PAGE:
Adjournment Debate. - Television Licences.

Wednesday, 3 March 1999

Dáil Éireann Debate
Vol. 501 No. 4

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[938]Mr. Briscoe: Information on Ben Briscoe  Zoom on Ben Briscoe  I tabled this motion because I was deeply concerned about a matter raised by one of my constituents. This constituent, having reached the age of 66, is entitled to a free television licence but cannot avail of it until the next renewal date of the licence, which is six months' hence.

There is an anomaly, where pensioners become entitled to a free television licence from their 66th birthday but do not benefit from the scheme until the next renewal date of the licence. Some pensioners are being considerably disadvantaged, especially if their 66th birthday is six to nine months before the licence is due for renewal.

The purpose of the scheme is to save our senior citizens the cost of a television licence from their 66th birthday onwards. We should not be penny pinching or miserly in our approach. All senior citizens should have the full benefit of the scheme. I suggest that the scheme either be amended to allow pensioners claim from the date of their 66th birthday and that they be refunded the difference if their licence has time to run to renewal, or that the licence they receive at the renewal date after their 65th birthday be only for the period up to their 66th birthday.

In these days of computers and information technology, it should not be beyond the ability of the Department to make such arrangements. The Department has already indicated in a reply to a letter which I wrote on behalf of this gentleman that this would be too difficult to administer. However, there is no reason, with the proper computers, they could not allow a person to purchase a licence for six months, for example, which would take him up to his 66th birthday.

It is not much but it is important to the people who feel they have paid for an extra six months. Many of the terrific changes we have brought into our welfare legislation over the years have not been very costly but they have meant a great deal to the elderly recipients. Our country is marked out by the way we look after elderly people, the sick and the young. We cannot do too much for our elderly people. Fianna Fáil has a wonderful record of looking after the elderly, better than any other party in this State. I congratulate the Minister for Social, Community and Family Affairs on the recent increases introduced in the Social Welfare Bill.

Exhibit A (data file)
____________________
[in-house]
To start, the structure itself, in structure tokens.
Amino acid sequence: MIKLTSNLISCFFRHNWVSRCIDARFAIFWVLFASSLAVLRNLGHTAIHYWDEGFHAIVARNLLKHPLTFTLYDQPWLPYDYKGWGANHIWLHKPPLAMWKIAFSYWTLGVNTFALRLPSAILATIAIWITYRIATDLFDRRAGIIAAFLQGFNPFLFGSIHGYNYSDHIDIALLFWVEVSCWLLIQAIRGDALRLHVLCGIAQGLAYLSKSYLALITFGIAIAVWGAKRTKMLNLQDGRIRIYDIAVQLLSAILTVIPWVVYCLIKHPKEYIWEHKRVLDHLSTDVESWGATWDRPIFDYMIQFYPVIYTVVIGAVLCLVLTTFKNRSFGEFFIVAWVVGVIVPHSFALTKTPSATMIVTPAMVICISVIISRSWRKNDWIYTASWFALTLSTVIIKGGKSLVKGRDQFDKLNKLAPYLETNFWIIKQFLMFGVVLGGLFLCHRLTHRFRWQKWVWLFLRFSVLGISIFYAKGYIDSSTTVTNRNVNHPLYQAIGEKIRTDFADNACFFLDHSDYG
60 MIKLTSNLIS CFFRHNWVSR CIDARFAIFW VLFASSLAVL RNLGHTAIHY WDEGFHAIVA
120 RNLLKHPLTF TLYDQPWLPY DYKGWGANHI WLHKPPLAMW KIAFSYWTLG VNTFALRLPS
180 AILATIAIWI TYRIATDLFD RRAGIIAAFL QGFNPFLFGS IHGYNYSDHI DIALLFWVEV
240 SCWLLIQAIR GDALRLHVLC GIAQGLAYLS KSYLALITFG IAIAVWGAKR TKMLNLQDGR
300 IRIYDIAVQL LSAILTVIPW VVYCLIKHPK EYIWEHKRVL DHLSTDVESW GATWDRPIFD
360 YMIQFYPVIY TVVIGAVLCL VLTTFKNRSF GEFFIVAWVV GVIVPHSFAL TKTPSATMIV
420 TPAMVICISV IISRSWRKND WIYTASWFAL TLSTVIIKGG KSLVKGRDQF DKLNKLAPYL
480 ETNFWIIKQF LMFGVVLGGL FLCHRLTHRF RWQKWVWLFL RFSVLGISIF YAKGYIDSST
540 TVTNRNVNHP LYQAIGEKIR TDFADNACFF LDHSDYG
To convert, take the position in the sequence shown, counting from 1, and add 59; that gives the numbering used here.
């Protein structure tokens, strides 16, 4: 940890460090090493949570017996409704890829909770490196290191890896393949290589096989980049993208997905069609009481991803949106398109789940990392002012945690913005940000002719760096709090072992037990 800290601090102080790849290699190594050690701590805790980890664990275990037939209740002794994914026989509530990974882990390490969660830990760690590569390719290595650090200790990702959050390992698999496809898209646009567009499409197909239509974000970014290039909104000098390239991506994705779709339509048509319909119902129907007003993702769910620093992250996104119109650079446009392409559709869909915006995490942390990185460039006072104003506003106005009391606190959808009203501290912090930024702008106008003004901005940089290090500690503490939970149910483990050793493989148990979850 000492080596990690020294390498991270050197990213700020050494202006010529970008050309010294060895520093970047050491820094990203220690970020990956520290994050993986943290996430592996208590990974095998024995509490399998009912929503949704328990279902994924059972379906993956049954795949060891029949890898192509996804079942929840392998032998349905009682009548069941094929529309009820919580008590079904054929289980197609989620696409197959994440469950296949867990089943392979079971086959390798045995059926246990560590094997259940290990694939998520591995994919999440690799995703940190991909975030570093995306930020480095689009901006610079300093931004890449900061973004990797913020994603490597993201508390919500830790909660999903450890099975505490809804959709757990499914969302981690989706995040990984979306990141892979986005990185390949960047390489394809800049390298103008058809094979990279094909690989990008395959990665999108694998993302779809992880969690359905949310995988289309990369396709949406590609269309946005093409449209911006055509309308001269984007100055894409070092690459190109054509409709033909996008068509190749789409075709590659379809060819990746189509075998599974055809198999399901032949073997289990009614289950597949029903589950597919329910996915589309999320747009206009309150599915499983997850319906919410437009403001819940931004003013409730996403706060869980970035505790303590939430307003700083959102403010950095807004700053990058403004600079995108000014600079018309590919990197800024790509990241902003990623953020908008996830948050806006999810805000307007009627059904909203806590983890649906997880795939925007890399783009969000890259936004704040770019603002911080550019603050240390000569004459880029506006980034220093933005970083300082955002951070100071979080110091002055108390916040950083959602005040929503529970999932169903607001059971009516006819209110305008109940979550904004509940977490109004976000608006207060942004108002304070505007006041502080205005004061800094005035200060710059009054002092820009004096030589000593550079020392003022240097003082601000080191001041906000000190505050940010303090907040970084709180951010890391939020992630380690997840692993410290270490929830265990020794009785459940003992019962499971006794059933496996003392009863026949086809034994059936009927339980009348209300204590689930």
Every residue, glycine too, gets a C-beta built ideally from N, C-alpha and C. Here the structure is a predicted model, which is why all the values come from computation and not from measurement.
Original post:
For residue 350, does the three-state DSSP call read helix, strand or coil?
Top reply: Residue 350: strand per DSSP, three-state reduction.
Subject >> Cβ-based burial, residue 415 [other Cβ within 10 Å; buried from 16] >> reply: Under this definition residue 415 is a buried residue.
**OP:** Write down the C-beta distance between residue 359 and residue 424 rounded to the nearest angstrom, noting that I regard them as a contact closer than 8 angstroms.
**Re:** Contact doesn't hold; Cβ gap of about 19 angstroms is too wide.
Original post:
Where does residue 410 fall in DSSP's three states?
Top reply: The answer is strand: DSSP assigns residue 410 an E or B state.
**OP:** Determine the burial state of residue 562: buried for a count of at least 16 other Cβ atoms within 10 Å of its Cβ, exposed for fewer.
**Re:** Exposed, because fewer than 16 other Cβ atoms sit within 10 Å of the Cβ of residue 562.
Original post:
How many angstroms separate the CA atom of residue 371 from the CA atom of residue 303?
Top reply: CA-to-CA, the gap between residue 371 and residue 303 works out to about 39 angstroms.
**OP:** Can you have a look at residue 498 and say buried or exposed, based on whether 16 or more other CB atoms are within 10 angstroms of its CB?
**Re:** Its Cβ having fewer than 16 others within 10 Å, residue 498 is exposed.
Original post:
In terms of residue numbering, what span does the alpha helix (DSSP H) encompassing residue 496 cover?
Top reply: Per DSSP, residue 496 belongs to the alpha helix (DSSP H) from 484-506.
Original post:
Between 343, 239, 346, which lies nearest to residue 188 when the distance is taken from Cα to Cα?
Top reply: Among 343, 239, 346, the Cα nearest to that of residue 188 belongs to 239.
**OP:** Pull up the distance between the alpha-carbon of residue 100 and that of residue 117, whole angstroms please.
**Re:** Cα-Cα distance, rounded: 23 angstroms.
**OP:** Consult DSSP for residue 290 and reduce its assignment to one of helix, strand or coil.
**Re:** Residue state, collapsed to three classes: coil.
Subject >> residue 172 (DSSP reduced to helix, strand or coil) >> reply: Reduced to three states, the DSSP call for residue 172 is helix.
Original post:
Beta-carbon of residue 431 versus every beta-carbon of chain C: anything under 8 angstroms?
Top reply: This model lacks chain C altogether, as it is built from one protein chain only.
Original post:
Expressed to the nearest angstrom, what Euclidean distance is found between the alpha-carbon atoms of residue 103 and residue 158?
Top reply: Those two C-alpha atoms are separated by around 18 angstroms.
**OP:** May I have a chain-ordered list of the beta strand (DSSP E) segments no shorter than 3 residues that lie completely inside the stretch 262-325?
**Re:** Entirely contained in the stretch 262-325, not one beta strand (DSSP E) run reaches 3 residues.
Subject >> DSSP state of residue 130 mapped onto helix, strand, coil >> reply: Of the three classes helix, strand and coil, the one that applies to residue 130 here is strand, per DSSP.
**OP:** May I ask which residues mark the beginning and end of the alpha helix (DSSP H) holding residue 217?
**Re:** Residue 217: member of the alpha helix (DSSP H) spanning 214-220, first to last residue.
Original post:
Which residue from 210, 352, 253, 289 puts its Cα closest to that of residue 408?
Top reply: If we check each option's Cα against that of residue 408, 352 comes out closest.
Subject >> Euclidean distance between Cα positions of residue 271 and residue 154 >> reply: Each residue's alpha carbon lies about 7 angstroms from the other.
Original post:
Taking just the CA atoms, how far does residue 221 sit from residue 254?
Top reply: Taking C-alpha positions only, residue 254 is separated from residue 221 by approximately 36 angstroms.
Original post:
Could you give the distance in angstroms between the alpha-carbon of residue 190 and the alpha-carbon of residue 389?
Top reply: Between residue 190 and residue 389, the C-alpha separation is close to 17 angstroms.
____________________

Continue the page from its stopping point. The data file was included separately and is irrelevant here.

Mr. Howlin: Information on Brendan Howlin  Zoom on Brendan Howlin  Is the Deputy not going to give anyone else credit?

Mr. Briscoe: Information on Ben Briscoe  Zoom on Ben Briscoe  All the wonderful increases we gave were voted against by the Labour Party and Fine Gael, which is a sad reflection on them.

Mr. Howlin: Information on Brendan Howlin  Zoom on Brendan Howlin  The biggest increase ever given to pensioners was by Eileen Desmond.

An Leas-Cheann Comhairle: Information on Rory O'Hanlon  Zoom on Rory O'Hanlon  Deputy Howlin must allow Deputy Briscoe to continue.

[939]Mr. Briscoe: Information on Ben Briscoe  Zoom on Ben Briscoe  £6 per week was a wonderful increase—

Mr. Howlin: Information on Brendan Howlin  Zoom on Brendan Howlin  It was 25 per cent.

Mr. Briscoe: Information on Ben Briscoe  Zoom on Ben Briscoe  —but that has nothing to do with my motion.

Mr. Howlin: Information on Brendan Howlin  Zoom on Brendan Howlin  She deserves credit.

Mr. Briscoe: Information on Ben Briscoe  Zoom on Ben Briscoe  Will the Minister ask the officials in the Department of Social, Community and Family Affairs to have another look to see if they could accomplish this small change in our law?

Minister for Justice, Equality and Law Reform (Mr. O'Donoghue): Information on John O'Donoghue  Zoom on John O'Donoghue  On behalf of the Minister for Social, Community and Family Affairs, I thank Deputy Briscoe for raising this matter. The Minister has asked me to extend his deepest apologies to Deputy Briscoe and the House for his inability to be present.